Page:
To address the above issues, we proposed an original loss-aware packet scheduling scheme under the structure of CMT called CMT-LA. We designed CMT-LA to meet three functional goals: (1) to identify packet loss for the paths, (2) to distribute data packets across the multiple available paths adaptively according to their packet loss and loss variation, and (3) to maintain the features of bandwidth aggregation and parallel transmission of CMT while improving the throughput performance. Our research provided the following contributions to the field:(i)The new model introduced an optimal packet loss detection algorithm to estimate the paths packet loss rate (PLR).(ii)The proposed solution combined the PLR estimation and the jitter indicator of PLR at the transport layer to reflect the data transmission condition of the paths.(iii)By utilizing the path-based loss-aware method, this novel, fast data distribution model improved the efficiency of data transmission and reduced packet loss differences.

In Section 2, readers can have a general understanding for currently research. Section 3 describes CMT-LA solution. In Section 4, we provide details of our simulations and an analysis, and Section 5 presents our conclusion and intentions for future work.

2. Related Work

For the transport layer, SCTP is recognized to be more reliable than most other transport protocols, which breaks TCPs limitations while retaining the advantages of the User Datagram Protocol (UDP). Nevertheless, unlike TCP and UDP, SCTP is equipped with two capacities, multihoming and multistreaming, that help to increase availability [13]. Liu et al. [9] developed a comprehensive retrospective view of SCTP and then discussed three aspects of the protocol: managing switching with an integrated approach, multipath transmission in a concurrent way, and cross-activity between layers. Baharudin et al. [14] presented a novel path selection solution based on ant colony optimization aimed at enhancing the efficiency of SCTPs selection of a primary path. Dreibholz et al. [15] provided an overview of SCTP and its extensions and then focused on the continuous SCTP standardization procedure.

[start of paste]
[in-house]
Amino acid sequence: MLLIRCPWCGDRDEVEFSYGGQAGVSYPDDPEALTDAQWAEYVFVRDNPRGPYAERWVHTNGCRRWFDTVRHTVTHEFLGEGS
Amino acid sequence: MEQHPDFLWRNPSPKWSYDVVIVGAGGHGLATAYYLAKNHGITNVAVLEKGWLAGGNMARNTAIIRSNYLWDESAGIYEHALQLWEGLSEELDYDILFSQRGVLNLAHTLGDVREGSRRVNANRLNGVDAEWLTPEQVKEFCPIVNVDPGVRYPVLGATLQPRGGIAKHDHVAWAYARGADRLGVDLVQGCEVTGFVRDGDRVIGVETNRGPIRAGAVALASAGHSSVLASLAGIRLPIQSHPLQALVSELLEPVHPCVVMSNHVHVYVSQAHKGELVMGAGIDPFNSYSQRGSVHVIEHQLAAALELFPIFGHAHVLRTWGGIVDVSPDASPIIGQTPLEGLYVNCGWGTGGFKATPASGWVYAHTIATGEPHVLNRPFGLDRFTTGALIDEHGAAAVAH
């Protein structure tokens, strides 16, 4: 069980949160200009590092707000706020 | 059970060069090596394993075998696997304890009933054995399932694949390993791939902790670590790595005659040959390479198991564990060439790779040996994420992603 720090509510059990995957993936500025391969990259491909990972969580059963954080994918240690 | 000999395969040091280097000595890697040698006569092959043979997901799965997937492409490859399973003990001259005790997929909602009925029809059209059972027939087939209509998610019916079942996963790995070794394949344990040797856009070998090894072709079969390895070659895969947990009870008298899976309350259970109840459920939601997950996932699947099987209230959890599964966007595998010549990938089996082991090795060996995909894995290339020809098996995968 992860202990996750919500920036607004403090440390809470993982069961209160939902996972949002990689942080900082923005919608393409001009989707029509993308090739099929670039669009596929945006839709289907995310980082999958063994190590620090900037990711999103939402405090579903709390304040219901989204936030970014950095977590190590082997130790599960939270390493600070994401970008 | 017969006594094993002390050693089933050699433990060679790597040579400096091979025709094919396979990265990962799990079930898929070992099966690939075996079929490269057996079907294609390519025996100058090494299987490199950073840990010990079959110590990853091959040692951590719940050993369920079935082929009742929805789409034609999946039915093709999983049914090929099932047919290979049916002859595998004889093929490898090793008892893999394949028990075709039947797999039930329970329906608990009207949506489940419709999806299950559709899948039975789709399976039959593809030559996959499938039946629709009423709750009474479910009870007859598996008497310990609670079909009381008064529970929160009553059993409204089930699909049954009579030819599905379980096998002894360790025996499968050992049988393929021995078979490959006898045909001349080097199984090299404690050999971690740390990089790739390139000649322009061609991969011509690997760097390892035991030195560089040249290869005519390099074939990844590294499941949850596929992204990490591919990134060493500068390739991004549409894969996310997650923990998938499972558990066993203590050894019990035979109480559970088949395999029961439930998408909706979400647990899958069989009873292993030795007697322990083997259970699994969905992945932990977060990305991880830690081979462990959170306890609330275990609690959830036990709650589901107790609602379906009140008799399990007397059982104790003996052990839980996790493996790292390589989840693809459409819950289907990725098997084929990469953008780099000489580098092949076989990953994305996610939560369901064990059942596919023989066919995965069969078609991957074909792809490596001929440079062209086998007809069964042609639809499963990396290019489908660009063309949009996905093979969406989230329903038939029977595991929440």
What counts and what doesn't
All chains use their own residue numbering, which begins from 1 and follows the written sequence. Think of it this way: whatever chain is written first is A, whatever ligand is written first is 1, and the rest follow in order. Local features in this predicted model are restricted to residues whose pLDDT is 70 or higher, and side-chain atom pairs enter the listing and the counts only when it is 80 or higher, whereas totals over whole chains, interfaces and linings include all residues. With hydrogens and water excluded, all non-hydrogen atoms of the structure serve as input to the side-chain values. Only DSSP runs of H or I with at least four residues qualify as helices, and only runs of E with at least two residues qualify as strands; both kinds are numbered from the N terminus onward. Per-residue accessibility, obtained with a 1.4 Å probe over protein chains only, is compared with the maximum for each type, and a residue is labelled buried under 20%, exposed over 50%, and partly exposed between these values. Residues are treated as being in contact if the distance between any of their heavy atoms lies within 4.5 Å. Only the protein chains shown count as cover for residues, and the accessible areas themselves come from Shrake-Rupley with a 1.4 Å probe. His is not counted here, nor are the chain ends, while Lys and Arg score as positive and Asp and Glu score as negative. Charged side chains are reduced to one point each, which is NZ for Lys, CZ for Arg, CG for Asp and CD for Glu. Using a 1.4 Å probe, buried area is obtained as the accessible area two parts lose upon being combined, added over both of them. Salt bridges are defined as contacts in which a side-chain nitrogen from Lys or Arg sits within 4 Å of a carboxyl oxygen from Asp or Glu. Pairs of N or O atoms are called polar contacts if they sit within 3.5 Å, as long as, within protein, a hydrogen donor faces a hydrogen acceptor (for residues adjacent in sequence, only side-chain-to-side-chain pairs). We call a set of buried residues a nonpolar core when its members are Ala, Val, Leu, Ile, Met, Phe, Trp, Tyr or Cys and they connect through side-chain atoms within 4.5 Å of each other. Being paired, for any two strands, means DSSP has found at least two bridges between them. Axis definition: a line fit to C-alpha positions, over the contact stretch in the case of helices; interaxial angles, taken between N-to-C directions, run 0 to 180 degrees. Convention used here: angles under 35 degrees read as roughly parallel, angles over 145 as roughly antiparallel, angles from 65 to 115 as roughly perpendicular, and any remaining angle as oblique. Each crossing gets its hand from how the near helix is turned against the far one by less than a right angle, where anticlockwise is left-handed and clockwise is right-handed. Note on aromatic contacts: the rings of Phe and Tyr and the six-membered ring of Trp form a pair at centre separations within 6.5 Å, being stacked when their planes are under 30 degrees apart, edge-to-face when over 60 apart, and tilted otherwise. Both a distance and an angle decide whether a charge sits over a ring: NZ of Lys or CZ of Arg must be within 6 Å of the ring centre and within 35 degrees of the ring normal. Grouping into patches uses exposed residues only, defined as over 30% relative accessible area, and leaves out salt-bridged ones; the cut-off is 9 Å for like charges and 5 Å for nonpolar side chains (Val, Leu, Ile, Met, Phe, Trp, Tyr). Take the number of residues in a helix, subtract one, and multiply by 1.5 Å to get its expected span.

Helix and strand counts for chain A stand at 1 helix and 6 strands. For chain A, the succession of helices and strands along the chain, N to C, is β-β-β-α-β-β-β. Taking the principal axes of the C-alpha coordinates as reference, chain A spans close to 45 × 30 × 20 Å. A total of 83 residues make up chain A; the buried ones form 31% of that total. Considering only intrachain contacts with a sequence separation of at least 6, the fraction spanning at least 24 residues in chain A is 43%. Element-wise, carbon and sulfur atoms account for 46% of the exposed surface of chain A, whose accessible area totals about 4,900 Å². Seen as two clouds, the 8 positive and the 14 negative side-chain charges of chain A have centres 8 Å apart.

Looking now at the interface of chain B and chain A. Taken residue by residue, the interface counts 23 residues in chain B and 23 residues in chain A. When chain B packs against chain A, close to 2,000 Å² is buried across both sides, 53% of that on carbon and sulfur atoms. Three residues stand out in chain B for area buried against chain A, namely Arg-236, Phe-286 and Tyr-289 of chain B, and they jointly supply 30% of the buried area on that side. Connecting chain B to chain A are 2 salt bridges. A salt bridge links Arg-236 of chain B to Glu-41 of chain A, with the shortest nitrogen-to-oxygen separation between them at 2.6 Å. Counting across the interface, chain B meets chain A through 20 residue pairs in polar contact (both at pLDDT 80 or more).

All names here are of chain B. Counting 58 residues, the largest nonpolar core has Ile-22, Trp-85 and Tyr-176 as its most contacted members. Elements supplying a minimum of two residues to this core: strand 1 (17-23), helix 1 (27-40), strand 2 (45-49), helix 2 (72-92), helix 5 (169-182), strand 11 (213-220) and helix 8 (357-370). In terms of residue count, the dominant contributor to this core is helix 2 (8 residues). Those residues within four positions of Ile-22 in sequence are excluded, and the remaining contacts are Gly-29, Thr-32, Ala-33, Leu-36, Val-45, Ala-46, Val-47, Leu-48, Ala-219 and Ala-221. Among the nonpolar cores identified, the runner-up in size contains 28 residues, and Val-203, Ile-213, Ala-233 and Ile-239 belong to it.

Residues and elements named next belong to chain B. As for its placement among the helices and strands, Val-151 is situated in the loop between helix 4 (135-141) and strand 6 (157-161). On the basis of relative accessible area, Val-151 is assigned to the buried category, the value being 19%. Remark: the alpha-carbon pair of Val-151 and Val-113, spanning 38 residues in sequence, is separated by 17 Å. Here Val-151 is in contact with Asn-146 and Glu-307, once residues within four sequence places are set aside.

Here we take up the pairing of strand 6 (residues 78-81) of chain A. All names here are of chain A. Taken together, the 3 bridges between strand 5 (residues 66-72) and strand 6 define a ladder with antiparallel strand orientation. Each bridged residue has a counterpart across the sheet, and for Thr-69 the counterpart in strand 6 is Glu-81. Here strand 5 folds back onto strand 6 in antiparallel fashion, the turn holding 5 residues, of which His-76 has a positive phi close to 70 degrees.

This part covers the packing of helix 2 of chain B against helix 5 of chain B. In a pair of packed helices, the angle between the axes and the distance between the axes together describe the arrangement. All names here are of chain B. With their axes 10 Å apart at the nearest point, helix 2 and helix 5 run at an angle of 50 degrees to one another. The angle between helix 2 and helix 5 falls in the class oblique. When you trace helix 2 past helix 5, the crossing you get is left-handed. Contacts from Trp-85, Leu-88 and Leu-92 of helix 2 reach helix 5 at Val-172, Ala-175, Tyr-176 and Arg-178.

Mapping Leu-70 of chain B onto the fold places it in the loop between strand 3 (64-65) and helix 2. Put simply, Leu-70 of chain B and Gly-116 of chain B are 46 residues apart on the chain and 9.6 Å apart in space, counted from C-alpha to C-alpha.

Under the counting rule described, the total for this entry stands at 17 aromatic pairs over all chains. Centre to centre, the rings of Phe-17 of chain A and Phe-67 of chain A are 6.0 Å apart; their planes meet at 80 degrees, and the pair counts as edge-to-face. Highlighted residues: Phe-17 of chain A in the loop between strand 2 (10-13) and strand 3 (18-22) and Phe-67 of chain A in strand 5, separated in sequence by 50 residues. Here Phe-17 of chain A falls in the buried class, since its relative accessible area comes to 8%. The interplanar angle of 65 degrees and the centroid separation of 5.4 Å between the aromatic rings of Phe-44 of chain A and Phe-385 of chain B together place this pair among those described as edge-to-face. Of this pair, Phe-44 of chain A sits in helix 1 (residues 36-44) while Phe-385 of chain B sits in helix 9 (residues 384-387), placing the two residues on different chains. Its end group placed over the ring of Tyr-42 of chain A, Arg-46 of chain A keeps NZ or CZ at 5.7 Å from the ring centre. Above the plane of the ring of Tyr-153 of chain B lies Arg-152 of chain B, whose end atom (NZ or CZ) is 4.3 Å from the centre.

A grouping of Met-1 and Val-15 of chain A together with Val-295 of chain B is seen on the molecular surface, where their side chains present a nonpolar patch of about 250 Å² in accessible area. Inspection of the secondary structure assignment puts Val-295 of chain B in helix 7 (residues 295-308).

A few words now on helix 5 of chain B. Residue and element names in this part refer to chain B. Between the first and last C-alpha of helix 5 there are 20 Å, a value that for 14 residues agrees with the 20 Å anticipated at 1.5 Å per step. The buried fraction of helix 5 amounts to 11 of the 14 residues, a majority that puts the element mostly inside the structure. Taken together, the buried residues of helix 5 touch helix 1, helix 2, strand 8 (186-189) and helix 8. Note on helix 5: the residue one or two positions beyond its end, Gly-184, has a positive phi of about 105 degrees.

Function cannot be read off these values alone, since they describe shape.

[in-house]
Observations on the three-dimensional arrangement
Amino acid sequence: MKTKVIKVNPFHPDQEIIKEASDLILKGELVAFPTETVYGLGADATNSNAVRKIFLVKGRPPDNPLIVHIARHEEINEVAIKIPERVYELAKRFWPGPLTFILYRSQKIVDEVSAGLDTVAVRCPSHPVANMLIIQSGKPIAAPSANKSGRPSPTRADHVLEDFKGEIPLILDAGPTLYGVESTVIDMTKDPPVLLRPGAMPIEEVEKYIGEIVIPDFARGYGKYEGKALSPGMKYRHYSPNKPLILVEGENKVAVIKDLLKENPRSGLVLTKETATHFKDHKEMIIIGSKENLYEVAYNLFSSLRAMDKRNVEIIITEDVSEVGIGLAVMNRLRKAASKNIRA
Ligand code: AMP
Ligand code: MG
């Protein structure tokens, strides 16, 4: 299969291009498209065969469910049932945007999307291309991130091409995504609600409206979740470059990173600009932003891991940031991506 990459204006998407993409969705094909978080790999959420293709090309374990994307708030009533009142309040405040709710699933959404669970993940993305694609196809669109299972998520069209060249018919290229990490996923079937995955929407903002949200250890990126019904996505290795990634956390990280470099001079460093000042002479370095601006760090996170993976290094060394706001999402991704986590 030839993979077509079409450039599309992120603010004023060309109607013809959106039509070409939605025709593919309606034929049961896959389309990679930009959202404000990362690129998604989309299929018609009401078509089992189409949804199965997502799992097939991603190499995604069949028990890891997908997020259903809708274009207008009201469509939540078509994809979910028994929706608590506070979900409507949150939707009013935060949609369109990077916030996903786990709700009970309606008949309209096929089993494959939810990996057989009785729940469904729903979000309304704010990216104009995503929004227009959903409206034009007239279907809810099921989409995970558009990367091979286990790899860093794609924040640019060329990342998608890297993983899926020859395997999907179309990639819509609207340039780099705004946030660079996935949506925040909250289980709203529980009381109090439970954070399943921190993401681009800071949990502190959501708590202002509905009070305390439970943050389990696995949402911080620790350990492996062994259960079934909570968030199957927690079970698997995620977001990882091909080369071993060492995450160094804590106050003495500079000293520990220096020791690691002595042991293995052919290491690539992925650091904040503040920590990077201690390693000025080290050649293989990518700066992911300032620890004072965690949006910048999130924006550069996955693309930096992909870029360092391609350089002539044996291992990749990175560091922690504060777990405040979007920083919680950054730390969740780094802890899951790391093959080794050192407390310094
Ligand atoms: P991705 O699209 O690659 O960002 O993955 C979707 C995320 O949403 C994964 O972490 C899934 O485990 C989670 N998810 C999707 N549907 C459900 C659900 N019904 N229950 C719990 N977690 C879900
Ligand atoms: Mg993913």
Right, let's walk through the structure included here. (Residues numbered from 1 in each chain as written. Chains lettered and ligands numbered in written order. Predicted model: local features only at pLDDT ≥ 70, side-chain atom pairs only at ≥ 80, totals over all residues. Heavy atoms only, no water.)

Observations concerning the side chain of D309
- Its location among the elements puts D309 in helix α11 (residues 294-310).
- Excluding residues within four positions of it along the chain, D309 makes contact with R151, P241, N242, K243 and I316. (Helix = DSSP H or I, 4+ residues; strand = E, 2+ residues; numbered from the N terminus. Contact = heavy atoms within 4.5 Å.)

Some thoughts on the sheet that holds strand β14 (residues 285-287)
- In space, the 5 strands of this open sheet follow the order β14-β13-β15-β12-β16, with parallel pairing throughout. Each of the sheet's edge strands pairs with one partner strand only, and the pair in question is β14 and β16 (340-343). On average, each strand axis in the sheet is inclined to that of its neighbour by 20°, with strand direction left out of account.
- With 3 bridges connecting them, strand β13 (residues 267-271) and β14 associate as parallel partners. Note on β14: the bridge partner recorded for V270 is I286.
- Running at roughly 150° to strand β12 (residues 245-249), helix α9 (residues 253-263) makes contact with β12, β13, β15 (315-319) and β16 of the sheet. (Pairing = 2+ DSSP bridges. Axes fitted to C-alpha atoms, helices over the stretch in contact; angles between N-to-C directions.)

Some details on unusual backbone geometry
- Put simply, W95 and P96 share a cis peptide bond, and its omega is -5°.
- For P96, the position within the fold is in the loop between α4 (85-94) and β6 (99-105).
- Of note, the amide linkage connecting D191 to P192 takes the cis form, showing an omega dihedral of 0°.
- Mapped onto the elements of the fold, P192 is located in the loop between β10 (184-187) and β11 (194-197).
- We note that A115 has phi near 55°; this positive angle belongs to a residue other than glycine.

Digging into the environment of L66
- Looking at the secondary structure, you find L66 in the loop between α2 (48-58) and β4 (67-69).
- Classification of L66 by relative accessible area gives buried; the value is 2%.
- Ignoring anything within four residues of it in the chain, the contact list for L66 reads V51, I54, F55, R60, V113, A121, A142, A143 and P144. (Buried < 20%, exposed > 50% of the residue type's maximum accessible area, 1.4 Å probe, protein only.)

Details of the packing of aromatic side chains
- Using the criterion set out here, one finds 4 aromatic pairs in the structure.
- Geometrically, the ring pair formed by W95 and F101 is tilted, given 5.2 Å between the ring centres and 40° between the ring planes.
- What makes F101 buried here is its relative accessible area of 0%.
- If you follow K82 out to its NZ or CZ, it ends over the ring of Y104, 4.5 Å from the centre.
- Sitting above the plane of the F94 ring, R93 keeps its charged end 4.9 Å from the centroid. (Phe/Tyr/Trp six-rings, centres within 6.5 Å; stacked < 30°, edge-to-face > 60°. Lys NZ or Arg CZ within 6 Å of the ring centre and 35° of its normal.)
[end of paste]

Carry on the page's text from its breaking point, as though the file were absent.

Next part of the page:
While CMT is viewed as a promising means for enhancing the efficiency of data transmission, research has sought further improvements. Iyengar et al. [16] described three negative side effects of CMT and introduced three algorithms to avoid these side effects effectively. In addition, their paper proposed and estimated five retransmission policies for CMT. Yang et al. [17] introduced the limitations for throughput of CMT: receiving buffer size and the longest round trip time (RTT) in all transmission paths. The authors established a CMTs throughput model to analyze the selection of different paths via it and then applied the analysis results to selection strategy on the basis of available paths. Therefore, the throughput of the CMT has improved. Each of the above solutions is different in terms of data handling capabilities. However, all of the solutions continued to adopt the round-robin policy for transmitting data over all available paths.